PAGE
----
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Baraboo also has its own charm, but unfortunately it was fairly deserted while we were there which meant that a number of the businesses and attractions were closed. For entertainment, we walked the Riverwalk and watched a local baseball game. It felt wholesome, yet incomplete – mainly because I had no hot dog or peanuts in hand. In fact, the restaurants in Baraboo closed really early, so we faced a quandary after becoming so invested in the baseball game that we missed closing time for almost all of the local eateries! We strolled restaurant to restaurant hoping that one would still be open. We entered one and promptly left after receiving an intimidating stare down from the server and other patrons; the next one we entered, Baraboo Burger Company, was a much more welcoming environment (with delicious results!). It was eerie walking around at night, but at least there were no Galena-styled sirens.

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Mt. Horeb may have a few thousand less human residents than Baraboo, but it makes up for that with its outsized troll population. In fact, Mt. Horeb is known as “the troll capital of the world” and I took it upon myself to meet as many of the trolls as I could. I started by picking up my “trollway” map at the visitor center, heartily announcing myself with a vibrato “velkommen”. It turns out you don’t need to speak Norwegian to go troll hunting, which is helpful since in reality I don’t speak Norwegian. It turns out the area has had a strong Norwegian presence since the late 1800s, and Scandinavian culture has helped shape Wisconsin in ways that I hadn’t realized. Although I learned more than I’ll ever need to know about trolls, it was harder to find information about the Indigenous people who had lived there prior to the European settlers. Instead, I had to fall back on my old friend the internet. Search results told me that the area was part of the Ho-Chunk territory, which was “ceded” to the U.S. government over the course of a number of treaties signed in the early 19th century. So far wherever I’ve traveled in the U.S., I’ve seen little to no offerings for tourists (or locals) that incorporate or highlight the history and contemporary cultures of Indigenous people. It’s erasure and it’s disappointing, to say the least.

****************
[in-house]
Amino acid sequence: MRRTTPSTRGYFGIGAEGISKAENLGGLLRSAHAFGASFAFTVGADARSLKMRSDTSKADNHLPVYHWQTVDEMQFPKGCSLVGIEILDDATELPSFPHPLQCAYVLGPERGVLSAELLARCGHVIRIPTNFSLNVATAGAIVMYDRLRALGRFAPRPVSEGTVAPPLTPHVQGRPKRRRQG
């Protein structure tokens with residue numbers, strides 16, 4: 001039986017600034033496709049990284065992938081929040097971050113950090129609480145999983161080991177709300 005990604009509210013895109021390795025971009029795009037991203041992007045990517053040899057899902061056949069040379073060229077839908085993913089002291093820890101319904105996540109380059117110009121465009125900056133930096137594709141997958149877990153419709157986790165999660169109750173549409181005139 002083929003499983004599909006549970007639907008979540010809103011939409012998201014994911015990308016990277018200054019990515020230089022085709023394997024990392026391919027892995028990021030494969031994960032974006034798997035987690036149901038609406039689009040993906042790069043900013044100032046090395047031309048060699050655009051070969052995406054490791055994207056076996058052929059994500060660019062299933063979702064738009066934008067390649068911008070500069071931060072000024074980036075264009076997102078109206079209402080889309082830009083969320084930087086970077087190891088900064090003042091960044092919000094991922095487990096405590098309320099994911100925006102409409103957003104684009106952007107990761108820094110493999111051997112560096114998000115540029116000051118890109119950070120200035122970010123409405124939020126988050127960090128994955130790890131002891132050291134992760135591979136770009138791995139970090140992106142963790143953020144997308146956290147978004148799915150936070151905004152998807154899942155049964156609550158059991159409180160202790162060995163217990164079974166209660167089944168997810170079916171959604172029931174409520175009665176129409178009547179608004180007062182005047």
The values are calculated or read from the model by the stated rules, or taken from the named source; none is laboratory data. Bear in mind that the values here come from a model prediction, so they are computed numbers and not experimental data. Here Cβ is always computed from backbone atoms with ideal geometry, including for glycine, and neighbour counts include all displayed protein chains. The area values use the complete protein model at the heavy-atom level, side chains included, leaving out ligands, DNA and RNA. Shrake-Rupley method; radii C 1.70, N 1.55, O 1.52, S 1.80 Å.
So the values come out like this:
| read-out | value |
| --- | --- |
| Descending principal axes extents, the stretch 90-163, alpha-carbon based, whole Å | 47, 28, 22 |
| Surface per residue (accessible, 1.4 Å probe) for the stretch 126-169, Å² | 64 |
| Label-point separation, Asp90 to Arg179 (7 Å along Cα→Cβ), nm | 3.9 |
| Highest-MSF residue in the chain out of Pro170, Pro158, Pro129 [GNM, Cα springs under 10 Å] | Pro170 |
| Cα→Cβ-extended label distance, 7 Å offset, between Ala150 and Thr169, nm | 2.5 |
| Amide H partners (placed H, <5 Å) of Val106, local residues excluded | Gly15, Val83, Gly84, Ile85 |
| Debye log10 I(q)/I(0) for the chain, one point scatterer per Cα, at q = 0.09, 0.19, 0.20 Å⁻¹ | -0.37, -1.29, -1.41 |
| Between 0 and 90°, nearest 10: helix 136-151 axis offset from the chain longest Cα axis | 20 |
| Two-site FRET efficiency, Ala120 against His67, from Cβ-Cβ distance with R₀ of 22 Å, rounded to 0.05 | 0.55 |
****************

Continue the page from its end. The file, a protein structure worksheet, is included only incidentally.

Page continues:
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While looking for more information about Indigenous cultures around what’s now known as Wisconsin, I learned that “Today, the Ho-Chunk Nation is the largest employer in Sauk and Jackson counties” (https://wisconsinfirstnations.org/ho-chunk-nation/). Part of the Wisconsin Dells is in Sauk county, so that was a helpful fact to keep in mind while visiting. That being said, I stayed as short a time as possible because it felt like it was trying to be Niagara Falls trying to be Las Vegas: funnel cakes, old timey photo studios, overpriced wax museums and all. After a quick drive through town, we felt in need of the purifying power of nature so we hiked the Chapel Gorge Trail. It’s fine if you’re looking for a simple stroll in the woods, but if you’re craving more excitement then Devil’s Lake is the place for you.

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We drove to the Devil’s Lake State Park fairly early by our standards, but nowhere near its opening time of 6 am. It was straightforward to pay the $16 admission fee, park, and then set off on our hike. The helpful attendant advised that we try the East Bluff Trail for the best views, as well as the chance to see Elephant Rock and Devil’s Doorway. Truthfully, Elephant Rock looked more like a giant brain to me; at least House on the Rock was clearly a house… on a rock.

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In any case, I found the hike challenging. It’s steep at times, but the real issue was the fact that you’re walking on stone steps that are significantly spaced at times and I actually cut my knee trying to scramble from one to another. It’s officially labeled as “moderate”, but for me it was difficult, and I doubt it would be easy for anyone aside from maybe mountain goats.